Monday, August 8, 2011

Wien-er Town, or You Really Don't Have to Wait for the Green Man

We've spent the last two weeks in Vienna (Wien to the locals, and a source of endless amusement to my puerile sub-intellect), where Tanja's aunt has very kindly put us up in some luxury. I realised that this is the longest consecutive amount of time I've spent in the same city for at least a year. It's lucky then that Vienna is awesome, even if the people do have some little.. let's call them quirks, shall we?

But before I get to that - Vienna? Before I arrived here, I'd had "Vienna is the best city in the world and everything is better in Vienna" drilled into me by Tanja (a.k.a. Captain Map, a.k.a. Oatface Killer) for a month and I wanted to hate it on principle. It's unfortunate then that it's a really chilled, beautiful city. And the people that I've spent time with, mainly Tanja's family, are fantastic - they're welcoming, open, informed and love to have good debates. There's a cafe culture like Milan, an art culture like Paris* and a drinking culture like England. There are beautiful parks like Schonbrun and great bars and restaurants. Beer is good and cheap(-er than anywhere else we've been), bars stay open late and the coffee is good. There is an inherent love of pastries and sachertorte. English is the defacto second language and they're actually willing to speak it. I forgot how much easier it is when you can understand the language. Not that I can, but my translator / German teacher / intercessor has assisted me in negotiations and, in addition, I can now navigate the minefield of the purchase of essentials, i.e. coffee, weissbier and wifi, like a true Wien-er (hur hur). (Oh, and I found a pretty decent climbing gym close to the centre of town, which doesn't exactly hurt)

So, if it's so cool, why aren't I dropping everything to move here? Because, sweet baby jesus, there are so many rules and most of the population follow them to the letter, which bugs the hell out of me. For example, at crosswalks everyone waits for the little green man. Everyone. Out of some sort of demented principle. Even if there are no cars in sight and the the only coming in their direction is a guy on a bicycle pedalling, slowly, up a hill 400 metres away. They'll still wait. And give me the shifty eye when I walk across, all "Why the hell aren't you people walking?". I can only think that all of Vienna must shut down when there are power cuts and the traffic lights don't work. And then there was the first climbing gym I went to, where you weren't allowed to use chalk, or brush holds. I did both, of course, but the minute I brushed a hold, an employee walked downstairs from the front desk to tell me off. Apparently he'd seen me on their CCTV and decided to rush down to put me to rights. And of course you need CCTV in a climbing gym to stop people from brushing holds because the alternative, the collapse of civilisation, is unthinkable.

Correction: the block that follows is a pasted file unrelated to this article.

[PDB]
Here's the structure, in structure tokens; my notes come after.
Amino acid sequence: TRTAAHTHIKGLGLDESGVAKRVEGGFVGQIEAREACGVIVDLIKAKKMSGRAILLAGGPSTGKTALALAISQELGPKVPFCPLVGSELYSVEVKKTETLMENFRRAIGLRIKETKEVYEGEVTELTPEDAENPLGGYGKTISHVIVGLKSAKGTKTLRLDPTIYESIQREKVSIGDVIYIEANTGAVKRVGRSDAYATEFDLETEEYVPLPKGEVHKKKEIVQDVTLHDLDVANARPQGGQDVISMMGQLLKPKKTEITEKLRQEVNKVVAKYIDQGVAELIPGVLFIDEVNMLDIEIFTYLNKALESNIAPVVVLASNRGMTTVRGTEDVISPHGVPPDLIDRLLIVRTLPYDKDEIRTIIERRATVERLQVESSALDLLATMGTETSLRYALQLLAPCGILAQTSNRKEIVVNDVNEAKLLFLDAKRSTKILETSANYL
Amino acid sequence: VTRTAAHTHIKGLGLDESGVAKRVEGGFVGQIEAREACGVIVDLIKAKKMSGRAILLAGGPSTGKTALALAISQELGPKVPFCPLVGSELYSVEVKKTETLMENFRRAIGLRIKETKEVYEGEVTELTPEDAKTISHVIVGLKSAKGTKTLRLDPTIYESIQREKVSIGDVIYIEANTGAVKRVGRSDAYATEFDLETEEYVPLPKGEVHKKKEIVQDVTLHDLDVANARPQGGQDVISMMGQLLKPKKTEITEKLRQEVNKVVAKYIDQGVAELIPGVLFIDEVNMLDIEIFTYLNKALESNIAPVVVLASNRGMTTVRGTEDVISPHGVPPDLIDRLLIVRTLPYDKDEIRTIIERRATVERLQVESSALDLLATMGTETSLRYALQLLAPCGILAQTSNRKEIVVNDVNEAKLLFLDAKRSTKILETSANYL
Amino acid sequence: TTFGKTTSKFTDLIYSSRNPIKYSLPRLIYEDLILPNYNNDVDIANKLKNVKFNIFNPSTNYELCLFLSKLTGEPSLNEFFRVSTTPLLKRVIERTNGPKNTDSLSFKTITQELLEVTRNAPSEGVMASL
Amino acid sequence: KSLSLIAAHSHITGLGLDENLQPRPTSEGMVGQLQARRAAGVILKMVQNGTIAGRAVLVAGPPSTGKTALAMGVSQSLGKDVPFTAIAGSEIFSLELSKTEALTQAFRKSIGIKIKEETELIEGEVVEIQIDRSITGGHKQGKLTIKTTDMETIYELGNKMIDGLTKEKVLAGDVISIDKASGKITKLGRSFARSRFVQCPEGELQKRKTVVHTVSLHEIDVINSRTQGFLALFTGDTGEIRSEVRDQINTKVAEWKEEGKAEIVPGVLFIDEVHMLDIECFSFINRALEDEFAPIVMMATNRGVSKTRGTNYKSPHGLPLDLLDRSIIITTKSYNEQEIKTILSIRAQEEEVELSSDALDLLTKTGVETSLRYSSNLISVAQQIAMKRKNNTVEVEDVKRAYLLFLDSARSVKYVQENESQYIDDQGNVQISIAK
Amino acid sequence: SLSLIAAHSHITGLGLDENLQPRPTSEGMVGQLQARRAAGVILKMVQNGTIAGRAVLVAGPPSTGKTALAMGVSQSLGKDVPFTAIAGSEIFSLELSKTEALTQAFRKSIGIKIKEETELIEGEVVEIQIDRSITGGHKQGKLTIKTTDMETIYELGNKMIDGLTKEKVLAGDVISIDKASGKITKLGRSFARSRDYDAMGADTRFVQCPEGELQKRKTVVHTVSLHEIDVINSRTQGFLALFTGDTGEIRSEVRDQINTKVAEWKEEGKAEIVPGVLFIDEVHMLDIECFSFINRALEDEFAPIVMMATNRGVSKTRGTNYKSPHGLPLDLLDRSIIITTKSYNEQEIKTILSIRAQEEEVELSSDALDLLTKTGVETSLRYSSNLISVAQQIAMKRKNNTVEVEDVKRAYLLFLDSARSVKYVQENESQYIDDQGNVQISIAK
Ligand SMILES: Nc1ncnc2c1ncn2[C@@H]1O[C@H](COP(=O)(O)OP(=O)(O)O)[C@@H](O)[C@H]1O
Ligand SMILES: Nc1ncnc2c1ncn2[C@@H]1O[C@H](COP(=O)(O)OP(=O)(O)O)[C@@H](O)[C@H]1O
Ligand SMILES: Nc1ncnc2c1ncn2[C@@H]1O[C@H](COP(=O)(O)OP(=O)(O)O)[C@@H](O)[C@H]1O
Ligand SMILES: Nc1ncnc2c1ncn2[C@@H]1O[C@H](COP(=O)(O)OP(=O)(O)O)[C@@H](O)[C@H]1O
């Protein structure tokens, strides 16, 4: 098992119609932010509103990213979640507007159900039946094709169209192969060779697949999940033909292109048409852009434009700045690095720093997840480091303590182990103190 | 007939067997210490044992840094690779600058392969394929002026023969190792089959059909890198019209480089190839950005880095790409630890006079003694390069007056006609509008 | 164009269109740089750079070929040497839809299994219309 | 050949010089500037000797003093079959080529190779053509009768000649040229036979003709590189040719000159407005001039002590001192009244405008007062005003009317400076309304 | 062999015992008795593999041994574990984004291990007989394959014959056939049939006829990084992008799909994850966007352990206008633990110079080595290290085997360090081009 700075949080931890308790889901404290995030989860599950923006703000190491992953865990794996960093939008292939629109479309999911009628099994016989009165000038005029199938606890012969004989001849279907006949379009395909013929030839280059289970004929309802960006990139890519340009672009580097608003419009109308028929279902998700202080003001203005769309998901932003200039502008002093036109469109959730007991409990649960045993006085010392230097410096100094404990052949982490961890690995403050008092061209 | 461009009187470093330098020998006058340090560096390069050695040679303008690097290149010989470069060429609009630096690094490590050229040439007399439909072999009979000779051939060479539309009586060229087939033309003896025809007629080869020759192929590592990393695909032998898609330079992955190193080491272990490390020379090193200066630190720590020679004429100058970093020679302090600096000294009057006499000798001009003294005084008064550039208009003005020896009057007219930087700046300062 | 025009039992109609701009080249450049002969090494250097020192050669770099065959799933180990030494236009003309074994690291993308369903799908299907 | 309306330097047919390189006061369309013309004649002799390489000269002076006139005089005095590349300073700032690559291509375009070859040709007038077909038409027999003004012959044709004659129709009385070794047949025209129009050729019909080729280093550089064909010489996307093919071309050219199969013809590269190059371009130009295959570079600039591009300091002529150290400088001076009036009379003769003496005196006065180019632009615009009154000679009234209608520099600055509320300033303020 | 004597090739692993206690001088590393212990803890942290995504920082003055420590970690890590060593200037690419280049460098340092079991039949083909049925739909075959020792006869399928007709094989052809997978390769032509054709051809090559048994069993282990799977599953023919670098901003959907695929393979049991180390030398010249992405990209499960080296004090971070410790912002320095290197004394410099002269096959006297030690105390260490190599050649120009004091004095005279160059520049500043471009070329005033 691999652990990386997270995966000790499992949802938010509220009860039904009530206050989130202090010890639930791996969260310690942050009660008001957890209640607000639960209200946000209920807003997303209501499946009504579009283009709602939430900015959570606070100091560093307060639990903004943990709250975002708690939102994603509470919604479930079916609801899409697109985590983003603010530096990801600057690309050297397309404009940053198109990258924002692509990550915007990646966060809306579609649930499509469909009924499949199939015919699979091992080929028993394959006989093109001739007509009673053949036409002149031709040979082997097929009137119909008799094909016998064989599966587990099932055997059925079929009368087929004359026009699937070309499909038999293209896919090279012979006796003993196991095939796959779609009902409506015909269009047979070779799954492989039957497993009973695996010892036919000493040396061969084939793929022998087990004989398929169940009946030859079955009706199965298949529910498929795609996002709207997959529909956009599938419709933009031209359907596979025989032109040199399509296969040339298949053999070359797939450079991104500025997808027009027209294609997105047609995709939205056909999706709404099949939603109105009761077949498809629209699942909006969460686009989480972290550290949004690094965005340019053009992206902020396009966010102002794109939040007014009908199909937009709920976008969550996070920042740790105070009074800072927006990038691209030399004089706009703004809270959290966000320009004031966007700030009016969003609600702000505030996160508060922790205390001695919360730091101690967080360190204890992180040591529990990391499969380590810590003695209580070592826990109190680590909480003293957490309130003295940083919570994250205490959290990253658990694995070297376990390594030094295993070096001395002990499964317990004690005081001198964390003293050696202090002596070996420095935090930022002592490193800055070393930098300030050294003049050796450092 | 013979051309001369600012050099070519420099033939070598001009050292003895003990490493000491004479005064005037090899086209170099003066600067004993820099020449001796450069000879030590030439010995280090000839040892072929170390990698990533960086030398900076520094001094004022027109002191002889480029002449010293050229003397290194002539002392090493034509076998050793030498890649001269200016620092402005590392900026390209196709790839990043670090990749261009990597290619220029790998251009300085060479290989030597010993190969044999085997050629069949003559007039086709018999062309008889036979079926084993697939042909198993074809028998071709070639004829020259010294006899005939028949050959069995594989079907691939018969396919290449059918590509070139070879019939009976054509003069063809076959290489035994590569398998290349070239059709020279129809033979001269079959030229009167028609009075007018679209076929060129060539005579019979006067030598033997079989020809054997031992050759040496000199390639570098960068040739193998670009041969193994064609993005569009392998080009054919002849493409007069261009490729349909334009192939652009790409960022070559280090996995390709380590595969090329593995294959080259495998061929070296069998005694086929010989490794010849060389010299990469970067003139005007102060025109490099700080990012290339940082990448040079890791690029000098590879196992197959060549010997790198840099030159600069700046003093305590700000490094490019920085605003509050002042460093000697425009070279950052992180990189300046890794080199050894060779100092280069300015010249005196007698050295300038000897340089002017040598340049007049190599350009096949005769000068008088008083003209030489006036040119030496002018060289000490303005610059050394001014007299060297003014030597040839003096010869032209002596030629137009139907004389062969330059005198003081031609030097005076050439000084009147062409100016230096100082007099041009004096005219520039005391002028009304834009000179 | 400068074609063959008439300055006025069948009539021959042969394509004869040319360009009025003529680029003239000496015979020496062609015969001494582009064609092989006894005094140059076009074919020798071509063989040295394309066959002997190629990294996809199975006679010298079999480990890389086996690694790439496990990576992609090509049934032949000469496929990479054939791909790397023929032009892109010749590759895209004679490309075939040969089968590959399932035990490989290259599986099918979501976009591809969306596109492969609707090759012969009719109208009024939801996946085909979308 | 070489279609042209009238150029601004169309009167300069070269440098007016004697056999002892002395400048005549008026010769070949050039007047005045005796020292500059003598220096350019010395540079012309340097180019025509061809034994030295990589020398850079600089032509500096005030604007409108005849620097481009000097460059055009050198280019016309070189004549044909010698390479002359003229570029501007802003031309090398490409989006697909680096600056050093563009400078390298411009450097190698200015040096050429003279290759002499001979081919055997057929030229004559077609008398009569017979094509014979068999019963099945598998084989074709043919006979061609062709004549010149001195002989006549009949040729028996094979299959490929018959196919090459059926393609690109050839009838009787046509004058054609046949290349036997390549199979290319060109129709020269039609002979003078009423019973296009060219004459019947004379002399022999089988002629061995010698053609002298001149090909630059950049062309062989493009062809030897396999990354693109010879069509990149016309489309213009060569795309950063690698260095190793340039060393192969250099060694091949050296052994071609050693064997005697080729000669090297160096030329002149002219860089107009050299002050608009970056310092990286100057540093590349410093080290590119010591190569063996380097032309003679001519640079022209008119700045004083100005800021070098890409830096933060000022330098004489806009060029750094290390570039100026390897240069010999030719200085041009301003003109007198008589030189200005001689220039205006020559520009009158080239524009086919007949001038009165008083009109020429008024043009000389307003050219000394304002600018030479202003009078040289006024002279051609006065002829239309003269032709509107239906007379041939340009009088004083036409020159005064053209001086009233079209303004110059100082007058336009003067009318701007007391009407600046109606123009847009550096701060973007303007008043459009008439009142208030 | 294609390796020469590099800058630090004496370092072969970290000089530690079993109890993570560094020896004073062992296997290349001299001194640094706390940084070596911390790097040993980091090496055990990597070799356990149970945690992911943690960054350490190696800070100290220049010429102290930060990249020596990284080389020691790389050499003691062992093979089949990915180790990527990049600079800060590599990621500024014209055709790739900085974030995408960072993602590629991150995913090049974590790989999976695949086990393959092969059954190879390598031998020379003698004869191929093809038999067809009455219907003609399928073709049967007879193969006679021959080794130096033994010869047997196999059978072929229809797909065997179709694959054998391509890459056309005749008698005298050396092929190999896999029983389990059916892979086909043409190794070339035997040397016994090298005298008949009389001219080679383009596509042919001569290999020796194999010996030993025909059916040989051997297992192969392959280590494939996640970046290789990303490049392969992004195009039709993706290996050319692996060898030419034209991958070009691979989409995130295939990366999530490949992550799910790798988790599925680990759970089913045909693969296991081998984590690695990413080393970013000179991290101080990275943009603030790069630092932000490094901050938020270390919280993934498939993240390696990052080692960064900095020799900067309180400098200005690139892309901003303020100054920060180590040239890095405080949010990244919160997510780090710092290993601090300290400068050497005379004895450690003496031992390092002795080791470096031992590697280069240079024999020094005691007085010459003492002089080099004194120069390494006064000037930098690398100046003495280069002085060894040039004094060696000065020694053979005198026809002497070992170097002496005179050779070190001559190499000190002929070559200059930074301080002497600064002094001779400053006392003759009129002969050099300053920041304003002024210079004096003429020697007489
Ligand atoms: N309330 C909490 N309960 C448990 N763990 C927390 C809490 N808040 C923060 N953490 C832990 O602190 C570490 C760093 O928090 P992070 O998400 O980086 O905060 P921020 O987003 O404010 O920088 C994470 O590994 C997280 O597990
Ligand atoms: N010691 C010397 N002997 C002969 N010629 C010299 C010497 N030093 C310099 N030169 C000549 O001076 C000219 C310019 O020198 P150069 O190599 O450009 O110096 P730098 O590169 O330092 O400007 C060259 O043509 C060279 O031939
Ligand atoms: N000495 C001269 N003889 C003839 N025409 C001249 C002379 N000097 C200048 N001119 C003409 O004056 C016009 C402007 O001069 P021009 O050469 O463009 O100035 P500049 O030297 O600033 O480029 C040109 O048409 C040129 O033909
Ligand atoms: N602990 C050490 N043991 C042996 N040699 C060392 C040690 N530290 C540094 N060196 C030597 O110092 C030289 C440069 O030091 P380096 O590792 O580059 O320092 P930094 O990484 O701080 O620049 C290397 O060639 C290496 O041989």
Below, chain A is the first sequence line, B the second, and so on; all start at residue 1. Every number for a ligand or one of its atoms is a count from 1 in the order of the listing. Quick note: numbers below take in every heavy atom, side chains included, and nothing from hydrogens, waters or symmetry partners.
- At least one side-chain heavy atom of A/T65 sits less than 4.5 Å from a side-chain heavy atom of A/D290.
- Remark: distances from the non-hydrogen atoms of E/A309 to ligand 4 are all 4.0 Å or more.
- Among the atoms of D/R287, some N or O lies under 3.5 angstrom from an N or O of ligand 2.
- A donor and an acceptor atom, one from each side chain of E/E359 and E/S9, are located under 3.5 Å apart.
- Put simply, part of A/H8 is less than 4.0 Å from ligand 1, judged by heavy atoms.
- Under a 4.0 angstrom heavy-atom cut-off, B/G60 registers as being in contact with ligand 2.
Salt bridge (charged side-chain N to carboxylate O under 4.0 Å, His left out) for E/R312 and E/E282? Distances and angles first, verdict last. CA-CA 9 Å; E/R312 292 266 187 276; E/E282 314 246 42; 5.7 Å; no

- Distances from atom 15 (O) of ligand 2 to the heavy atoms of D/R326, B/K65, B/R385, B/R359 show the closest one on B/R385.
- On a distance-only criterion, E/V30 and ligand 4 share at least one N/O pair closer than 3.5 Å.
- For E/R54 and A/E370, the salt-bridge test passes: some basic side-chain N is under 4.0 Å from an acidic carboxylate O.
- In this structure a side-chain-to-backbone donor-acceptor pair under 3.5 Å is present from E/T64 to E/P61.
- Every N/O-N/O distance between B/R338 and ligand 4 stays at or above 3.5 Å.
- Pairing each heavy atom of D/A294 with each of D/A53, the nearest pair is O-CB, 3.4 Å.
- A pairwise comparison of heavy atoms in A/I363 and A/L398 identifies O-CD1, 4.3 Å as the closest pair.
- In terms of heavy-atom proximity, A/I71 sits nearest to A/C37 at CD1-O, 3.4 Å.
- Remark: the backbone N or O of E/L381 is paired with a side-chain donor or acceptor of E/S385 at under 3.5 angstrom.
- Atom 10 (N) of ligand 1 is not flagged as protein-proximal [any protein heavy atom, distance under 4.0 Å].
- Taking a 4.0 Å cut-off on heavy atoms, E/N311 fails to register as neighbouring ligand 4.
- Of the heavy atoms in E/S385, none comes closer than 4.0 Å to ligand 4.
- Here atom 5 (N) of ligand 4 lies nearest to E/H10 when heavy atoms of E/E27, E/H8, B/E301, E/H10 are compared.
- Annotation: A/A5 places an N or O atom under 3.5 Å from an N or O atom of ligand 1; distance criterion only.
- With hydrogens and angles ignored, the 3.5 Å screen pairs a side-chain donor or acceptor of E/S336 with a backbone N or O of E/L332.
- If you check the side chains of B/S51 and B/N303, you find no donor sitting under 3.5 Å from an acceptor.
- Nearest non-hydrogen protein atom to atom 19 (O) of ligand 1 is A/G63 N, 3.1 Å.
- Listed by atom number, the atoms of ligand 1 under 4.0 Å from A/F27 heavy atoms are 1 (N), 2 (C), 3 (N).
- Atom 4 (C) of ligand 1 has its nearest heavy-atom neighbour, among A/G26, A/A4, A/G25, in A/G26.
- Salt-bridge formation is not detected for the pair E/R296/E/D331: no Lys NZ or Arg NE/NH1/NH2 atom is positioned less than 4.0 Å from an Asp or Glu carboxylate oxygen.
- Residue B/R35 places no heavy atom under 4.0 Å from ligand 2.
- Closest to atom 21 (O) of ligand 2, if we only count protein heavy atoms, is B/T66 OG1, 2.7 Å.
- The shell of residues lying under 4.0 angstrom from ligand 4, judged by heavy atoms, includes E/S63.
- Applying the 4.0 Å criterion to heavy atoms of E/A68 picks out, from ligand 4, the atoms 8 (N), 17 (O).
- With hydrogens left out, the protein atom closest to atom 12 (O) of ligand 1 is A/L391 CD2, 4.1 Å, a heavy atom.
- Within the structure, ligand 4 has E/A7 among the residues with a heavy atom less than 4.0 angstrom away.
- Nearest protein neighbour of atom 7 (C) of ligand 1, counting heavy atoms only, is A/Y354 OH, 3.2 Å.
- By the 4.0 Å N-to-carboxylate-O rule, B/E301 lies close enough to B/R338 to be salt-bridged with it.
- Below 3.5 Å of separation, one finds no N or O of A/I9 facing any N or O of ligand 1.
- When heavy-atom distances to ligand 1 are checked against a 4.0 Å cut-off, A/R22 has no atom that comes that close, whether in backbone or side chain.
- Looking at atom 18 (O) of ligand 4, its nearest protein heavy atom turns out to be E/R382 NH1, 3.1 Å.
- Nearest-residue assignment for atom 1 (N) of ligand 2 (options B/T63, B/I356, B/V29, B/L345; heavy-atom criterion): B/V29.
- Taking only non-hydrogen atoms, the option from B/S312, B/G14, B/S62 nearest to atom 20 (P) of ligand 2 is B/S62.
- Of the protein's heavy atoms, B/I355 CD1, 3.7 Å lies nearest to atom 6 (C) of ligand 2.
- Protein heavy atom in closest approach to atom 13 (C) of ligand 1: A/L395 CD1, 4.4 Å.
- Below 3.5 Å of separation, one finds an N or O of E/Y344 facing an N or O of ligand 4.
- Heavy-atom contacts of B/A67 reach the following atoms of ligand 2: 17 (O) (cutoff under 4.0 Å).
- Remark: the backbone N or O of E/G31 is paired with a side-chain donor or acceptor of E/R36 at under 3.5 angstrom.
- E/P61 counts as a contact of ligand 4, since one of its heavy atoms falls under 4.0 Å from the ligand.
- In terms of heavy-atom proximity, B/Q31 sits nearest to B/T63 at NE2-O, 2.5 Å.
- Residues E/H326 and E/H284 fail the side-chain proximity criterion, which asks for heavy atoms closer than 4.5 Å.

I don't get it - despite all the rules, there's lots of graffiti which means that either there are no rules against it (not very likely) or there are fellow nihilists like me who habitually disregard the rules and are contributing to the breakdown of society. It's still a cool town.

Oh, and we saw Bad Religion, Suicidal Tendencies and Strung Out last night. It was Bad Religion's 30 anniversary. They're almost as old as I am. Jesus. The show was incredible. I've written more about it here, but perhaps one of the funniest things I've seen in a long time was, after the gig when everyone was walking to the u-bahn station, a crowd of people who, 15 minutes previously had been shouting their allegiance to anarchy, were now waiting for the little green man before they crossed the road. And there wasn't a car in sight.

Punk rock, huh?

*Italy's art culture seems to be rooted in and often focused on the classics, while Paris and Vienna embrace all manner of art, from a largely horrific space-inspired exhibit (the only highlight being Kentridge's Journey to the Moon), to a Dali exhibit to Kunsthaus Wien and it's permanent Hundertwasser exhibit - the whole building is actually a Hundertwasser exhibit - to the Klimt, Schiele, Durer and Holbein exhibits currently running.

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